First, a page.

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Social Queue by Kay Kerr

Title: Social Queue

A purple cover with three pale pink speech bubbles. The first two read Social Queue in dark blue. The author's name, Kay  Kerr, is in red in the third. A girl in red with an orange cat stands on top of the top bubble. Five other people stand in a line atop the author speech bubble. Pink hearts are on each speech bubble.

Author: Kay Kerr

Genre: Contemporary

Publisher: Text Publishing

Published: 28th September 2021

Format: Paperback

Pages: 304

Price: $19.99

Synopsis: I thought I was nobody’s teen crush, but turns out I was just missing the signs.

Zoe Kelly is starting a new phase of her life. High school was a mess of bullying and autistic masking that left her burnt out and shut down. Now, with an internship at an online media company—the first step on the road to her dream writing career—she is ready to reinvent herself. But she didn’t count on returning to her awkward and all-too-recent high-school experiences for her first writing assignment.

When her piece, about her non-existent dating life, goes viral, eighteen-year-old Zoe is overwhelmed and more than a little surprised by the response. But, with a deadline and a list of romantic contenders from the past to reconnect with for her piece on dating, she is hoping one of her old sparks will turn into a new flame.

Social Queue is a funny and heart-warming autistic story about deciphering the confusing signals of attraction and navigating a path to love.


Zoe Kelly is doing an internship for uni at an online publication, Bubble. She’s determined to do things differently to high school. As much as she can. Zoe is also autistic and is trying to navigate a world that is not quite made for her. A noisy world. A world that expects her to always look, act, and sound certain ways. A world that doesn’t wholly accept her or understand her, and a world where signs are implicit – and these are the signs and signals that Zoe and many like her, can struggle to understand. After writing about her non-existent dating life, Zoe embarks on a series about dating – first dates with people who commented on her article, that Zoe knew from school. But as Zoe navigates this, a sister who is insistent Zoe fits in, an absentee best friend, off on a gap year, and budding romances with Gabe and Jake, can Zoe find out who she is for herself, and work out who she really loves?

This is the first of Kay’s books I have read, despite having her debut, Please Don’t Hug Me on my shelf for ages. This one happened to be on my bedside table first, so I read it over a weekend, and found it insightful and lots of fun. Drawing on Kay’s experience as an autistic person, it does a great job of giving disabled and autistic people a voice, and advocating for their presence in news rooms and as sensitivity readers for non-disabled people writing about disabled people – so that euphemisms and discriminatory language can be highlighted for those who might not know, but at the same time, it also suggests that the people making these errors and using these terms can do their own research – though this is my reading between the lines of course, and interpreting Kay’s wonderful prose through Zoe’s experience.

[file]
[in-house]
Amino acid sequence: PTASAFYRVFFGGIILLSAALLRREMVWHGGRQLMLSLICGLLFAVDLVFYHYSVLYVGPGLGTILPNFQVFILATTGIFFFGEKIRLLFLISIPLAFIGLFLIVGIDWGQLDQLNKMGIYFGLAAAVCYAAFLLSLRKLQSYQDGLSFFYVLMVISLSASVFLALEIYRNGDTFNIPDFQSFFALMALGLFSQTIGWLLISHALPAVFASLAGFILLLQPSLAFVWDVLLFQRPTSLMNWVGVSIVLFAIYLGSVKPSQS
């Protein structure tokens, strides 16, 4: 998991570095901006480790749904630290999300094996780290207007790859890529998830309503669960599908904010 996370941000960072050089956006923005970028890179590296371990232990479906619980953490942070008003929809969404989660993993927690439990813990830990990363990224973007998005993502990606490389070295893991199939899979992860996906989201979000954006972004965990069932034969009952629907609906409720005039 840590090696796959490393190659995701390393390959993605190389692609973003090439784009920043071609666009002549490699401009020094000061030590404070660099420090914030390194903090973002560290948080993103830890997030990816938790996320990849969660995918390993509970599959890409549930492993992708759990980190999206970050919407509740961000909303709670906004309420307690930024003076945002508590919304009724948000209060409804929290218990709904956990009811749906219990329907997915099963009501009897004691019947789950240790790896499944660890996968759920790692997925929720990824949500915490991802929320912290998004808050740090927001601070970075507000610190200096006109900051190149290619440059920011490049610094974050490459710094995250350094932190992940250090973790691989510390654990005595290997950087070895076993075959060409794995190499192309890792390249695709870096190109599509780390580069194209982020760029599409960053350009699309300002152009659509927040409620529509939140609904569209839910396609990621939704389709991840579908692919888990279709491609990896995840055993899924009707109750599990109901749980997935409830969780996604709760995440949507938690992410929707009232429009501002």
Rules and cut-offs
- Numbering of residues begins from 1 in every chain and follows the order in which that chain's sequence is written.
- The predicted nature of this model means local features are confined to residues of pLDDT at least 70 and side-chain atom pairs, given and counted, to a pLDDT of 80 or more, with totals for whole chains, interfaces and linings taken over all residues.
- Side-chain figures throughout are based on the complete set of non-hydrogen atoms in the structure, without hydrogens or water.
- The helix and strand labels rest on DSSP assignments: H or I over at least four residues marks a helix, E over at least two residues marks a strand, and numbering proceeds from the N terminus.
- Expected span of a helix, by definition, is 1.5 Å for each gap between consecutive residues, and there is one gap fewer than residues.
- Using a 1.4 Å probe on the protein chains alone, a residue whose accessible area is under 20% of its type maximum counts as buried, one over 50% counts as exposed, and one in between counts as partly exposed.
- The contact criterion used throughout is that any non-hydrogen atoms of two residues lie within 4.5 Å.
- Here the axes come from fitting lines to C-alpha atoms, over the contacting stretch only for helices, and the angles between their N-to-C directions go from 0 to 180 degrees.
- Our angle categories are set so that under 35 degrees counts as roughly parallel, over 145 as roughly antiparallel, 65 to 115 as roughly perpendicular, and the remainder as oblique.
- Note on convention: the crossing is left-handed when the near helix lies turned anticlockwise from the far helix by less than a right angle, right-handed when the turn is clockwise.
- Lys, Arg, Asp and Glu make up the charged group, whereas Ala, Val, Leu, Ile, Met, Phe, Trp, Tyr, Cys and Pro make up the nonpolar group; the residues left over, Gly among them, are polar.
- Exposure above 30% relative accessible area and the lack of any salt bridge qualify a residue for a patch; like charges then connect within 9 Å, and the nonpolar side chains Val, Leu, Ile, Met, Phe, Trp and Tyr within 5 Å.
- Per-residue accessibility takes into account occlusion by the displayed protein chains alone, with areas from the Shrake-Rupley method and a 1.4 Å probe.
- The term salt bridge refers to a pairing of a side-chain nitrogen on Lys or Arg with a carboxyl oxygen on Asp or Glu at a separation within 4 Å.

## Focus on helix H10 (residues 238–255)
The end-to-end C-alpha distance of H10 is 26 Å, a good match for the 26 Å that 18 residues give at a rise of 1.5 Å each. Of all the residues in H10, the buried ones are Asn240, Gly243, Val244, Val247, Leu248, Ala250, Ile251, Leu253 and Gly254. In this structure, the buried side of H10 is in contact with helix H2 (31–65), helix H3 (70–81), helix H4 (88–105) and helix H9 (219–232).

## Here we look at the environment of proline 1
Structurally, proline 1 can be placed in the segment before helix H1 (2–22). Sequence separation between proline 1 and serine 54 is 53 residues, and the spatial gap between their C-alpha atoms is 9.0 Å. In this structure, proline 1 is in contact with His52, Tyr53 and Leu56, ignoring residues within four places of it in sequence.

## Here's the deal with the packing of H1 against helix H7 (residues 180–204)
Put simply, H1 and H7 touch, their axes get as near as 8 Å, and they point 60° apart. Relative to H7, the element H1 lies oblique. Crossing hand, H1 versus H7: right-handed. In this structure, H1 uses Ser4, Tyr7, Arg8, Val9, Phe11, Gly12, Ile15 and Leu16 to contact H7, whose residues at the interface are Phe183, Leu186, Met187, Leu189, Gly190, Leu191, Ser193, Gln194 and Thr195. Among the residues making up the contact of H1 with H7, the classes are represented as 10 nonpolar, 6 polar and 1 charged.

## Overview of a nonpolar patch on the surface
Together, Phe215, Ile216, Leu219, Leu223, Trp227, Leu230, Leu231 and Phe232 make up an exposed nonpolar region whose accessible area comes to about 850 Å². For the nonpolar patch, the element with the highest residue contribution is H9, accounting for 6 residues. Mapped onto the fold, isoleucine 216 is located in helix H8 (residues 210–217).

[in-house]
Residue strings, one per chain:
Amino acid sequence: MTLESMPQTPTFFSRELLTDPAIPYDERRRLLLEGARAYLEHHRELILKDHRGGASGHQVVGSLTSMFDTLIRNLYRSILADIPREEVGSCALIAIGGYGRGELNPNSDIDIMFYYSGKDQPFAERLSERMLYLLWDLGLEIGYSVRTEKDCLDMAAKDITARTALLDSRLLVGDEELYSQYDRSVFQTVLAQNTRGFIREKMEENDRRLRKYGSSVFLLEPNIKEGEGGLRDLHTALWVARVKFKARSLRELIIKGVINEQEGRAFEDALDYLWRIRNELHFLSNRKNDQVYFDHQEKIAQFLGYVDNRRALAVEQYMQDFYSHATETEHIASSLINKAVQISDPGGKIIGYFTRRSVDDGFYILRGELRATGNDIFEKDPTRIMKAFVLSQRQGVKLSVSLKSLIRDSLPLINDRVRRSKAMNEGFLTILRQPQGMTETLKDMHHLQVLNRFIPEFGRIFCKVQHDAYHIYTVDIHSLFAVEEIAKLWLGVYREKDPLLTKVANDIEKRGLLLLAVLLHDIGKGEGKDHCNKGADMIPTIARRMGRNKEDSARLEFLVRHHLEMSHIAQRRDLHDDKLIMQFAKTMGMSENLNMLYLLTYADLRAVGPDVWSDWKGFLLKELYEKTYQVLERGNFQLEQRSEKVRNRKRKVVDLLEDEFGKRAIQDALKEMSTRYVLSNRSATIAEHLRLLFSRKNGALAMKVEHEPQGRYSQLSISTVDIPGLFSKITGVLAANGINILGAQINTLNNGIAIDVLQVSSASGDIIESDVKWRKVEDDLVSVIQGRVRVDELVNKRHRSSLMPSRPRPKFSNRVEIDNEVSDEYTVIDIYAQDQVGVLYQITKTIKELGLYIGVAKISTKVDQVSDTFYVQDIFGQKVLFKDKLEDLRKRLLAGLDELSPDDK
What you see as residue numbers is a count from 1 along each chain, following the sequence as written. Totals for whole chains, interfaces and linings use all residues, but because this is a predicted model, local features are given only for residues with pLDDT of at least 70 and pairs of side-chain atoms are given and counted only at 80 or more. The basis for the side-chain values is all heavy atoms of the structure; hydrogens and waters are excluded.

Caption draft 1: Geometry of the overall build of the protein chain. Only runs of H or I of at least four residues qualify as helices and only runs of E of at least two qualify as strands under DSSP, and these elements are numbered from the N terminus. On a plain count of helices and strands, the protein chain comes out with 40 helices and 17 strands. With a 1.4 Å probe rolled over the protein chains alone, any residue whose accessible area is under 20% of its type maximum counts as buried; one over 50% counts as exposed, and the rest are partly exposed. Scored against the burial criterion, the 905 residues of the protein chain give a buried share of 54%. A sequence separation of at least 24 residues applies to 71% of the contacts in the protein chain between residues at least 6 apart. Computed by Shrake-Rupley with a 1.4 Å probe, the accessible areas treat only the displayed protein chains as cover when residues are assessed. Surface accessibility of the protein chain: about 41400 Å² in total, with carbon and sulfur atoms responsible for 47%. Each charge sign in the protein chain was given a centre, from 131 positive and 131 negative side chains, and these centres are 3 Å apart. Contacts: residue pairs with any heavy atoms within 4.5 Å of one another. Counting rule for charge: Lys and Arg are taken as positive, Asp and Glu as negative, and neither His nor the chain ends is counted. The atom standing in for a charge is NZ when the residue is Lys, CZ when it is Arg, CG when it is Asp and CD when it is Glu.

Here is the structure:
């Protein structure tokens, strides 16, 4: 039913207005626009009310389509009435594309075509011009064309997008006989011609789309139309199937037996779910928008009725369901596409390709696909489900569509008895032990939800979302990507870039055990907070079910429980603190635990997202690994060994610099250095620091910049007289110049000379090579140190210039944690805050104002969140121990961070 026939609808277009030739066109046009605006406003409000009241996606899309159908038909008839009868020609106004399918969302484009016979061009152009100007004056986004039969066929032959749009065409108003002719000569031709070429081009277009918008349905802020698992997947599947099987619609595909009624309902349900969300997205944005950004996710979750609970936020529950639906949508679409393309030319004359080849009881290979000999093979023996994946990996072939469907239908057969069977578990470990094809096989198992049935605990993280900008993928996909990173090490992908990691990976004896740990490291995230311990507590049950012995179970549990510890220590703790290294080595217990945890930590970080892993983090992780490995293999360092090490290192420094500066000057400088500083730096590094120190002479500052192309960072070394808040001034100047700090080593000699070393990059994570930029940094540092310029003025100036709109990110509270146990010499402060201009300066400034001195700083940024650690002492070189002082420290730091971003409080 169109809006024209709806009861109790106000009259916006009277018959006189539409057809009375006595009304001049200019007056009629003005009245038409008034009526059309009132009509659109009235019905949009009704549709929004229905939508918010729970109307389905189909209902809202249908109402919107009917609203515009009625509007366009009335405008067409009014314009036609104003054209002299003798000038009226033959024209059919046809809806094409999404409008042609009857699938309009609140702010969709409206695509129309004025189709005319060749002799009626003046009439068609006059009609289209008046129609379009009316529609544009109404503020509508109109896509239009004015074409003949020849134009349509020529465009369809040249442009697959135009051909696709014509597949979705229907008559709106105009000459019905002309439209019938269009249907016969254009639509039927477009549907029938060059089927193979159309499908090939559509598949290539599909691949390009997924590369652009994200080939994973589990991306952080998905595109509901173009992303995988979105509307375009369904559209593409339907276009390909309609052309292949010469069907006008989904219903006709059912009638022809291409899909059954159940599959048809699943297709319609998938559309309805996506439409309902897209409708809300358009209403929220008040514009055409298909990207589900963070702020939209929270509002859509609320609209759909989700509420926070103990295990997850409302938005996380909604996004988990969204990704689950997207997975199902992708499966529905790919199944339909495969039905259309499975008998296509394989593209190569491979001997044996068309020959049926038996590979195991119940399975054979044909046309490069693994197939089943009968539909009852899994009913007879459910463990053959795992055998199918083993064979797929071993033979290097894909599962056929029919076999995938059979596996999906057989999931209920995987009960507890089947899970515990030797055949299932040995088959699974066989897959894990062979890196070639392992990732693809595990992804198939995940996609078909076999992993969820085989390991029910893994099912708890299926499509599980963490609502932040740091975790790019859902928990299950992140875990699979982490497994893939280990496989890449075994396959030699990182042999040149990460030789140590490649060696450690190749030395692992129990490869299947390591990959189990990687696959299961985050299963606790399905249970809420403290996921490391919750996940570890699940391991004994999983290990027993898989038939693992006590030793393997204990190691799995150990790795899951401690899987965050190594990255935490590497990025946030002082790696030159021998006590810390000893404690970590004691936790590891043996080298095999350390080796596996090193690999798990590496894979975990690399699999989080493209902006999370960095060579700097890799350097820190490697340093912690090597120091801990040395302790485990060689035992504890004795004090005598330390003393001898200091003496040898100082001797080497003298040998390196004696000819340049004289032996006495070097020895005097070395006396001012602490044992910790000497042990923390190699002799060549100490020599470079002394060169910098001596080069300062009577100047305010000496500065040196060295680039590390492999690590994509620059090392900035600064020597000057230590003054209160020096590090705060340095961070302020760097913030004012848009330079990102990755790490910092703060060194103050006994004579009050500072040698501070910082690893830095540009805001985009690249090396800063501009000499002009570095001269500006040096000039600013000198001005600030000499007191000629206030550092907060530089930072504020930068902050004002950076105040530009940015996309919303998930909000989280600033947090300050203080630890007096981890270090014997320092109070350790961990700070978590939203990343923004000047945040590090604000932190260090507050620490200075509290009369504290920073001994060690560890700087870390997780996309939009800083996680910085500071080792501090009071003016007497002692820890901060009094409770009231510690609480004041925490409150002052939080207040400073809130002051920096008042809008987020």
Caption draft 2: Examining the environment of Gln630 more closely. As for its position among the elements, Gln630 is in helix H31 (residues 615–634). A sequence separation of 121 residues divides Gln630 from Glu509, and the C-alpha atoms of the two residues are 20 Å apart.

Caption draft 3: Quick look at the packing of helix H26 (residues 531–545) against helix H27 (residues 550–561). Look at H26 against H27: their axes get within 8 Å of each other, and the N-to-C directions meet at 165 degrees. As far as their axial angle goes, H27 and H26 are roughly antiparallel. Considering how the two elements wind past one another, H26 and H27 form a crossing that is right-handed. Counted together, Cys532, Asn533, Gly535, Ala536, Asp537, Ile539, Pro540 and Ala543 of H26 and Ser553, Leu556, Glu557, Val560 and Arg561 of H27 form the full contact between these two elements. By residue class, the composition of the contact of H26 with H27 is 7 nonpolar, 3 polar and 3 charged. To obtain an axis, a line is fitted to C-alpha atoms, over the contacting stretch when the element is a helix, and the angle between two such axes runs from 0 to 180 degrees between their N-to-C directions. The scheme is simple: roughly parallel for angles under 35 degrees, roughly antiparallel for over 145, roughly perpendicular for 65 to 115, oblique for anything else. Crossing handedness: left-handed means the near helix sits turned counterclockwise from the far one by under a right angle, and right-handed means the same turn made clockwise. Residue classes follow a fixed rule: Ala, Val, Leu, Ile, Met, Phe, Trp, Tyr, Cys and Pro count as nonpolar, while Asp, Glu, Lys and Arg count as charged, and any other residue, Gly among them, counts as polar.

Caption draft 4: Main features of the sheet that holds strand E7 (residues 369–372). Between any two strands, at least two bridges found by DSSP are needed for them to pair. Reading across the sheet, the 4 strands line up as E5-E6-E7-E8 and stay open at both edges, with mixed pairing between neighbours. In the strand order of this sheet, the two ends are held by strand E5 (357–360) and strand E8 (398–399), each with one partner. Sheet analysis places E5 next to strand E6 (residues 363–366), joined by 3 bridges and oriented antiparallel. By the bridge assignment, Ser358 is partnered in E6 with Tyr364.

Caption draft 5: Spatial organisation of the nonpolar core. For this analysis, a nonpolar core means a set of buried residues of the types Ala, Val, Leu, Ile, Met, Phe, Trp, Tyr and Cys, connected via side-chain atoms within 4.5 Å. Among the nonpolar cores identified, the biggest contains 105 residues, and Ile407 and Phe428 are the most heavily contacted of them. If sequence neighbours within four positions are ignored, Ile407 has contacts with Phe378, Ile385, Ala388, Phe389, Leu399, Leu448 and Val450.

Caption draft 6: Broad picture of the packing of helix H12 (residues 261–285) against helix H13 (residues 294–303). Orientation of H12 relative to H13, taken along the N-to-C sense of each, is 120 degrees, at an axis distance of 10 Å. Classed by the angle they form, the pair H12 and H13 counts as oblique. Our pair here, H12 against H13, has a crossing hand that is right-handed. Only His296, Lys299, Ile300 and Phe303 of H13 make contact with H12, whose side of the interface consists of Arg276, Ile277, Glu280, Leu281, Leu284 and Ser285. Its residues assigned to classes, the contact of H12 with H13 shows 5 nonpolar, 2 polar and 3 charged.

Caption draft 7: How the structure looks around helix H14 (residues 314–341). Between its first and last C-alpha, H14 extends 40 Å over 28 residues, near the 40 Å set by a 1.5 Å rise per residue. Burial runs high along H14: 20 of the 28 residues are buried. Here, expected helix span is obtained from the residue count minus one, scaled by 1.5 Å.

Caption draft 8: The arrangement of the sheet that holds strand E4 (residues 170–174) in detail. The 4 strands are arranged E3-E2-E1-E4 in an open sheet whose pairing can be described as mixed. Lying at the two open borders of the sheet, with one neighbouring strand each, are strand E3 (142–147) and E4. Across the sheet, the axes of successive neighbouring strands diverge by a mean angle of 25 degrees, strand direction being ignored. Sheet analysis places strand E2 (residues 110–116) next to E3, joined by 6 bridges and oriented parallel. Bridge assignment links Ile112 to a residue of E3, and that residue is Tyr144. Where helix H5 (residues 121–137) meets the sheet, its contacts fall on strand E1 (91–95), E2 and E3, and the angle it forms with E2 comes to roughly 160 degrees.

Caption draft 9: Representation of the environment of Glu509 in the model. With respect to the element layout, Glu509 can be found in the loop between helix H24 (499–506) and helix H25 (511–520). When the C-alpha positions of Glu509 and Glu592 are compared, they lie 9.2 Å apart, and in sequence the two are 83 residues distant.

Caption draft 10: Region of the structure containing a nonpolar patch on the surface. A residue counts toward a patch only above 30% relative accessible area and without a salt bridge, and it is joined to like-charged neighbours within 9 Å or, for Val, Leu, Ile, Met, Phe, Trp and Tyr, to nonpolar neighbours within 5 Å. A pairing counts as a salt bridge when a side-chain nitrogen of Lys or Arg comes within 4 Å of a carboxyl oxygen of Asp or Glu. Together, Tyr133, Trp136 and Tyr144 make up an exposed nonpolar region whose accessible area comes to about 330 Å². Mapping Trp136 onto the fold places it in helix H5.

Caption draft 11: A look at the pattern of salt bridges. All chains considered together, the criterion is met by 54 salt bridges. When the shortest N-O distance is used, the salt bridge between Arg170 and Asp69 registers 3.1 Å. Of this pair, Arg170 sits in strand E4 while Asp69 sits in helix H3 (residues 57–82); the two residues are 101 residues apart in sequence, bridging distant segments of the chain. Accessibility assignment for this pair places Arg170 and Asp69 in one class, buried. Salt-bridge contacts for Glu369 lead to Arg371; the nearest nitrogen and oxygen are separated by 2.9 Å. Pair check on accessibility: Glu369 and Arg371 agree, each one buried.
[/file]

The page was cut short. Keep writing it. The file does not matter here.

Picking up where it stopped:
It’s so great to have an #OwnVoices book like this, as some of the things Zoe experiences might be the same for other disabled people, and the way it manifests might be different too. But they are recognisable experiences, interactions, and ways of being that are in many ways common and interchangeable. They just happen in different ways and at different times for different people. Social Queue also explores societal and behaviours that the majority of people expect and take part in, and the way this can feel isolating for people who might miss the cues or subtle messages that other people send in social situations. In this sense, it can speak to the specific experiences Zoe has with her autism and missing the social cues she’s writing about and negotiating, and a universal experience of missing things that other people think should be obvious to everyone. It is representative of the isolation that many disabled people feel and are feeling even more during these pandemic years, and highlights the importance of flexible workplaces, such as allowing employees to work from home where possible, and creating accessible workplaces as well.

Social Queue advocates for understanding and friendship, and seeing beyond what you assume about people, about learning to understand them and see them as a whole person, not just one part of their identity. It is about seeing that autism is as much a part of someone’s identity as their gender is. Kay Kerr has created a wonderfully touching and accessible story for readers to see themselves in, and it is joyous.

3 thoughts on “Social Queue by Kay Kerr”

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